Lewis combines several different cultures in his narrative. He drew inspiration for his characters from the mythologies of the ancient Greeks, Romans, Norsemen, and other cultures and from the stories of Hans Christian Andersen. Even Father Christmas makes an appearance at one point. But the story also has many influences from Lewis's Christian faith. It is an allegory of Jesus Christ's sacrifice and resurrection to redeem the sins of others. Lewis does a remarkable job of suggesting Biblical stories without repeating or imitating those stories.

"The Lion, the Witch, and the Wardrobe" is a classic story that combines adventure, magic, family, action, religion, betrayal, forgiveness, and redemption in a very short space.

I never read this book as a child. I was in my 40s when I first experienced Narnia. Two decades later, I find it is still magical.

Sunday, May 30, 2021 9:47:00 AM (GMT Daylight Time, UTC+01:00)
# Saturday, May 29, 2021

The Magician's Nephew was not the first book that C.S. Lewis wrote for his classic Chronicles of Narnia; but its story is first chronologically, and it often appears first in omnibus editions of the Chronicles. So, as I set out to re-read the series for the first time in 20 years, I elected to begin with this volume.

The story takes place prior to Lewis's iconic The Lion, the Witch, and the Wardrobe. A generation passes on Earth between the two novels; but a thousand years separate the two books in Narnia.

This book is the story of Digory and Polly, two children who find themselves transported to another world, tricked there by Diggory’s evil Uncle Andrew - a amateur magician of mediocre skill and dubious morals. When the children return to London, an evil witch queen from the other world follows them intent on ruling the Earth. The children work to drive the witch out of their world.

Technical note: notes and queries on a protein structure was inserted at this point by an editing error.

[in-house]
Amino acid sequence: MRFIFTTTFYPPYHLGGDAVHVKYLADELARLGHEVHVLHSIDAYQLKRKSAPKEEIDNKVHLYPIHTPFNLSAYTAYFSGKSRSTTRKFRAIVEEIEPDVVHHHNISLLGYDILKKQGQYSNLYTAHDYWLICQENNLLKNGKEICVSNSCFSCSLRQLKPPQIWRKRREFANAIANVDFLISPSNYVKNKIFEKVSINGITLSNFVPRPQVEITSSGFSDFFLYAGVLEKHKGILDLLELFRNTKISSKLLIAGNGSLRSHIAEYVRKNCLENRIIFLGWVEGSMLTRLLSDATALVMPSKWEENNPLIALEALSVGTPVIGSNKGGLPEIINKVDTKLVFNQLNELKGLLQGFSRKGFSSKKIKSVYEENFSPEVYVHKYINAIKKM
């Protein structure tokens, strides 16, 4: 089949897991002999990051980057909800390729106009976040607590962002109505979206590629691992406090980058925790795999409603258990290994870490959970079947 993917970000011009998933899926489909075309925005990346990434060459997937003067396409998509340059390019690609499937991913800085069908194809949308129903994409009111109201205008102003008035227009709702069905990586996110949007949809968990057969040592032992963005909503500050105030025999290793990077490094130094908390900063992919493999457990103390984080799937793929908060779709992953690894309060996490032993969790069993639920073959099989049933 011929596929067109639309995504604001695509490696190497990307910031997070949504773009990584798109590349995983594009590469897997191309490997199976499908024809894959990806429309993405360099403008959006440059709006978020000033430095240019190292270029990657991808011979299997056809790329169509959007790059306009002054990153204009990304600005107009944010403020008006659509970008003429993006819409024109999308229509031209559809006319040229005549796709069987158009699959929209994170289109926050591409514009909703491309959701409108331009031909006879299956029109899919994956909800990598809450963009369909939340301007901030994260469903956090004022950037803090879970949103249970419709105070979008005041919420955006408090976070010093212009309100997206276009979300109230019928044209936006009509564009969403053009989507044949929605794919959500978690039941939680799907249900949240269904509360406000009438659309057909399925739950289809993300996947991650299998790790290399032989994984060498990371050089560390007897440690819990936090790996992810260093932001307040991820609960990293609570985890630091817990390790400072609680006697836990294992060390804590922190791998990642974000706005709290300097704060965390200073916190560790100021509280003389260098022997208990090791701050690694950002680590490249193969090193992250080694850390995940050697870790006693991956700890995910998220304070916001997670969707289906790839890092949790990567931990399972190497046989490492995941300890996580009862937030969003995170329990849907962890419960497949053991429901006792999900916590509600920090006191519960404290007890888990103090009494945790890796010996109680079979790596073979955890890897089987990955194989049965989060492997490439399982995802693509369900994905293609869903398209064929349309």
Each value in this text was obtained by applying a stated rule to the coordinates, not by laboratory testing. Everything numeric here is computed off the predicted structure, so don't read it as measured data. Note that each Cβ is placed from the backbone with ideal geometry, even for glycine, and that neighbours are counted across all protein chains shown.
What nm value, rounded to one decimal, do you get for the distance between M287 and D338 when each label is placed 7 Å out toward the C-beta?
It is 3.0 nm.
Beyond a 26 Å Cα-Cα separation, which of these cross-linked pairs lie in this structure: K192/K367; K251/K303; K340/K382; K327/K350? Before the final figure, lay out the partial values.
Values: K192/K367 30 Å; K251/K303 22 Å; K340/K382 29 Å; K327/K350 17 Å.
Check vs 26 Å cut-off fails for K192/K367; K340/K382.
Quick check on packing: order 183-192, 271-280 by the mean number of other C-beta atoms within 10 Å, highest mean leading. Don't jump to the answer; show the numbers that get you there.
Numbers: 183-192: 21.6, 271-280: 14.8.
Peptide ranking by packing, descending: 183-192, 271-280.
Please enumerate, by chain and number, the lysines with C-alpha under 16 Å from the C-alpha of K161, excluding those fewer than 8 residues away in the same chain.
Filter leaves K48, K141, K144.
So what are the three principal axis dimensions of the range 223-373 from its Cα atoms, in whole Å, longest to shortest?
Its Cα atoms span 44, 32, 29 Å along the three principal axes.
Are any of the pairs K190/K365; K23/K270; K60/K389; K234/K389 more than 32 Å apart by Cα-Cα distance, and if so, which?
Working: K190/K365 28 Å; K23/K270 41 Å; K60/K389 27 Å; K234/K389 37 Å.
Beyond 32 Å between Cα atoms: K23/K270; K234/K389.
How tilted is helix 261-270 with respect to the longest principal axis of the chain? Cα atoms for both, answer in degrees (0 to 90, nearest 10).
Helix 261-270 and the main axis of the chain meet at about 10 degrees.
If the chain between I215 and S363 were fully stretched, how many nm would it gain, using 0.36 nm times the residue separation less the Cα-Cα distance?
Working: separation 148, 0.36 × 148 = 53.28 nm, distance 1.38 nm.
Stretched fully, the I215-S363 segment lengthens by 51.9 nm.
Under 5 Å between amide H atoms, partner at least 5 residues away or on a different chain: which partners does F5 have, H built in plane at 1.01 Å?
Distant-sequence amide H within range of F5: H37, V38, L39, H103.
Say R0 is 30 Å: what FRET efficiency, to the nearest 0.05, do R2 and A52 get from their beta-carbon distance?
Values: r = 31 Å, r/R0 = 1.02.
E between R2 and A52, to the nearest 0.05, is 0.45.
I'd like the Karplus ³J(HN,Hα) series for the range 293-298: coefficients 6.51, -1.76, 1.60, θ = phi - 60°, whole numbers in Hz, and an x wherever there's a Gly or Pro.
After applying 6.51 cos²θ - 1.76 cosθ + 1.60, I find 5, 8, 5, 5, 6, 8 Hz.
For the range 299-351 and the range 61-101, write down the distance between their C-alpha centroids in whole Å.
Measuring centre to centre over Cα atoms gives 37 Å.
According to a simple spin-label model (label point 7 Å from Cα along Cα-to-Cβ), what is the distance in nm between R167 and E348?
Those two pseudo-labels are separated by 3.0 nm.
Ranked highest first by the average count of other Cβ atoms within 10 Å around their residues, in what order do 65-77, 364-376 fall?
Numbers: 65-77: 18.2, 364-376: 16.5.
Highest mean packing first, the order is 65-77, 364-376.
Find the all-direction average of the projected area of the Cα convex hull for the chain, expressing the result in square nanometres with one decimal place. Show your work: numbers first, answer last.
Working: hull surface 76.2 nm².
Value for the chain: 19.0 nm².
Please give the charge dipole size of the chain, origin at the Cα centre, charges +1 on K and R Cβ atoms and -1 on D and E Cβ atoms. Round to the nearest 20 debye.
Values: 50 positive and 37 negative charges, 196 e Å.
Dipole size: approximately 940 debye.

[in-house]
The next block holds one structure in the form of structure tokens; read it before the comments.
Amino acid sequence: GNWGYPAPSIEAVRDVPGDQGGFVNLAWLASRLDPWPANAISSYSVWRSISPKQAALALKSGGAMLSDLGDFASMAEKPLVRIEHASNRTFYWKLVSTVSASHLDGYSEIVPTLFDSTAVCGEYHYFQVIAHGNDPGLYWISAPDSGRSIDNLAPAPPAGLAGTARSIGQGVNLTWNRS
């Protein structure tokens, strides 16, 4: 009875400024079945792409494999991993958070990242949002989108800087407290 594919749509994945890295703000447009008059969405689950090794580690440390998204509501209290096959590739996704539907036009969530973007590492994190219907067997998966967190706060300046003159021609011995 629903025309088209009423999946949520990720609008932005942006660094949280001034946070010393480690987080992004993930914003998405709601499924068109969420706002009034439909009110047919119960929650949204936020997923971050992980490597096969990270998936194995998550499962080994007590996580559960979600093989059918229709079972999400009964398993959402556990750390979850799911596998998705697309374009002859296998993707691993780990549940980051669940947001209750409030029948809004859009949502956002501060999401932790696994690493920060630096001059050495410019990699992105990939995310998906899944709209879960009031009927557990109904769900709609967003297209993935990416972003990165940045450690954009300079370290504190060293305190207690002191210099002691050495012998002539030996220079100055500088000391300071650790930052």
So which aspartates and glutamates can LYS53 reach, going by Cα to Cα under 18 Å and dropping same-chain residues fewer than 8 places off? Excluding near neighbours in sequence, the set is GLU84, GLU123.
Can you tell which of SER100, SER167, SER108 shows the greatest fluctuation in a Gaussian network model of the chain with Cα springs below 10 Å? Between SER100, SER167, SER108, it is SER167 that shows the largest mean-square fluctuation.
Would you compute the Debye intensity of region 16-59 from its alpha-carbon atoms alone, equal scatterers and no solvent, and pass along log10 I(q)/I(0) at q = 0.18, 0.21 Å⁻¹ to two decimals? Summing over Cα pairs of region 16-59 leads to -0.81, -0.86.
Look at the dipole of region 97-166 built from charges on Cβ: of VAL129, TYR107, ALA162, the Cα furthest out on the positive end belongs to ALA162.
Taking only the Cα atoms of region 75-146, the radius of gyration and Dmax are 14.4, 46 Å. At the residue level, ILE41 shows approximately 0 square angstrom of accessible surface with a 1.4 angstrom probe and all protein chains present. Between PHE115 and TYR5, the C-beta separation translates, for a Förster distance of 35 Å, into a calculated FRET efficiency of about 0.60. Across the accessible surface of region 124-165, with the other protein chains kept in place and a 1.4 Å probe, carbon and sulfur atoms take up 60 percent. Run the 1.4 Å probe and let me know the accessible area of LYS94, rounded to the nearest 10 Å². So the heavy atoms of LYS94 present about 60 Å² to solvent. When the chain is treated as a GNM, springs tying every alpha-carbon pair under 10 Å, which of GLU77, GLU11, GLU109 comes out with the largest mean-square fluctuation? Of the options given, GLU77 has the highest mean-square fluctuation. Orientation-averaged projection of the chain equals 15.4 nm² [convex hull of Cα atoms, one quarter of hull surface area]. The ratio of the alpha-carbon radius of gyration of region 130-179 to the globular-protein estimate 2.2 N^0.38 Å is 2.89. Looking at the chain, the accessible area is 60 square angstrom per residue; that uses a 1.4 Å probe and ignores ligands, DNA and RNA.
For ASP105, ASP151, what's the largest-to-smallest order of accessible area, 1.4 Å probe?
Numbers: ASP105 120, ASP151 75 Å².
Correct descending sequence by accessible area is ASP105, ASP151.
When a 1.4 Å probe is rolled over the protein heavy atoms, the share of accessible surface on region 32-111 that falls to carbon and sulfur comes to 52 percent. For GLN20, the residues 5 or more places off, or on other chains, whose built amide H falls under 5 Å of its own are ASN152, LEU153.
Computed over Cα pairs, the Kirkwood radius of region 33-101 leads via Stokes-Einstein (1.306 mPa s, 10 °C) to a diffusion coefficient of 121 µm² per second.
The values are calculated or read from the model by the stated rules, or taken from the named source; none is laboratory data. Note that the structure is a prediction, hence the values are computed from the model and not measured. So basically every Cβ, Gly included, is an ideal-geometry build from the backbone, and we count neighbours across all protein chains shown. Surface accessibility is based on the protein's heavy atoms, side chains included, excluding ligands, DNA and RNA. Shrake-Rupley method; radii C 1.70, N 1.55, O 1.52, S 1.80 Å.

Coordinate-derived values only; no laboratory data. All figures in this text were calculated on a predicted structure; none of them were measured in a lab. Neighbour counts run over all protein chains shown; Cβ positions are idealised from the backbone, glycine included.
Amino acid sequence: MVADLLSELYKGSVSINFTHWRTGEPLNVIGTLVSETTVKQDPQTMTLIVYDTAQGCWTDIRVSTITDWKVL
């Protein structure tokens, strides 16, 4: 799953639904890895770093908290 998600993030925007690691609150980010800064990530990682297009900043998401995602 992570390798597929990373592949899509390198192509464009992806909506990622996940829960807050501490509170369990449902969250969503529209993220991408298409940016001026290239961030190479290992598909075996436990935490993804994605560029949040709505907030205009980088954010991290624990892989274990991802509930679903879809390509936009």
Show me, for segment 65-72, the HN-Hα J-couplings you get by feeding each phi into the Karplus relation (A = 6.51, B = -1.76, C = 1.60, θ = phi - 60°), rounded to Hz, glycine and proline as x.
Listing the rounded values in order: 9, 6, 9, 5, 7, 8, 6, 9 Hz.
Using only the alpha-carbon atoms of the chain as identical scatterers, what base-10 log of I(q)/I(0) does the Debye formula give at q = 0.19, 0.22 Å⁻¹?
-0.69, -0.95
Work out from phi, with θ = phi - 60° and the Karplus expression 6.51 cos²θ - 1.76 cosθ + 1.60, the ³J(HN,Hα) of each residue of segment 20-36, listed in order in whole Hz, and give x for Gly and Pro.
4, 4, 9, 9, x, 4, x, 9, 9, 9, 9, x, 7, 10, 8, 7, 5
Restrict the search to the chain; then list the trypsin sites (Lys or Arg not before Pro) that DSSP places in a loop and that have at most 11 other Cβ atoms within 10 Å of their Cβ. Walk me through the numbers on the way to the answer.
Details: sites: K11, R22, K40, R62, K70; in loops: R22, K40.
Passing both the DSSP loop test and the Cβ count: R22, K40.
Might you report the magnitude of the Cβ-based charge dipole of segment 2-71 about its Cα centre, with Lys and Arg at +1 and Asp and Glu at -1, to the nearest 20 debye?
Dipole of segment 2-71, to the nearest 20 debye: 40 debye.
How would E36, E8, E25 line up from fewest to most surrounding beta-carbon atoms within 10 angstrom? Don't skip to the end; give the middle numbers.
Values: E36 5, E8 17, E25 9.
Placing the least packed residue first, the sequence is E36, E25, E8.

In this book, we learn answers to questions raised in later books: how Narnia came to be, why some of the animals can talk, how the White Queen came to Narnia and why she was kept from power for so long, why there is a lamp post in the middle of the woods, and why Professor Kirke was unsurprised when he learned that his wardrobe was a portal to another world.

Lewis was fond of including Christianity in his book and this story echoes many of the themes of the Book of Genesis, including representations of God, the Devil, the Creation of the universe, the first man and woman, and even a fruit tree.

You may choose to read the series in chronological order or in publication order (this was #6 of 7 written) or you may read them in any random order you wish. The Magician's Nephew is a delightful story on its own, but even more so for those familiar with the other Narnia books.

Saturday, May 29, 2021 9:26:00 AM (GMT Daylight Time, UTC+01:00)
# Monday, May 24, 2021

Episode 662

Ovetta Sampson on Mindful and Ethical AI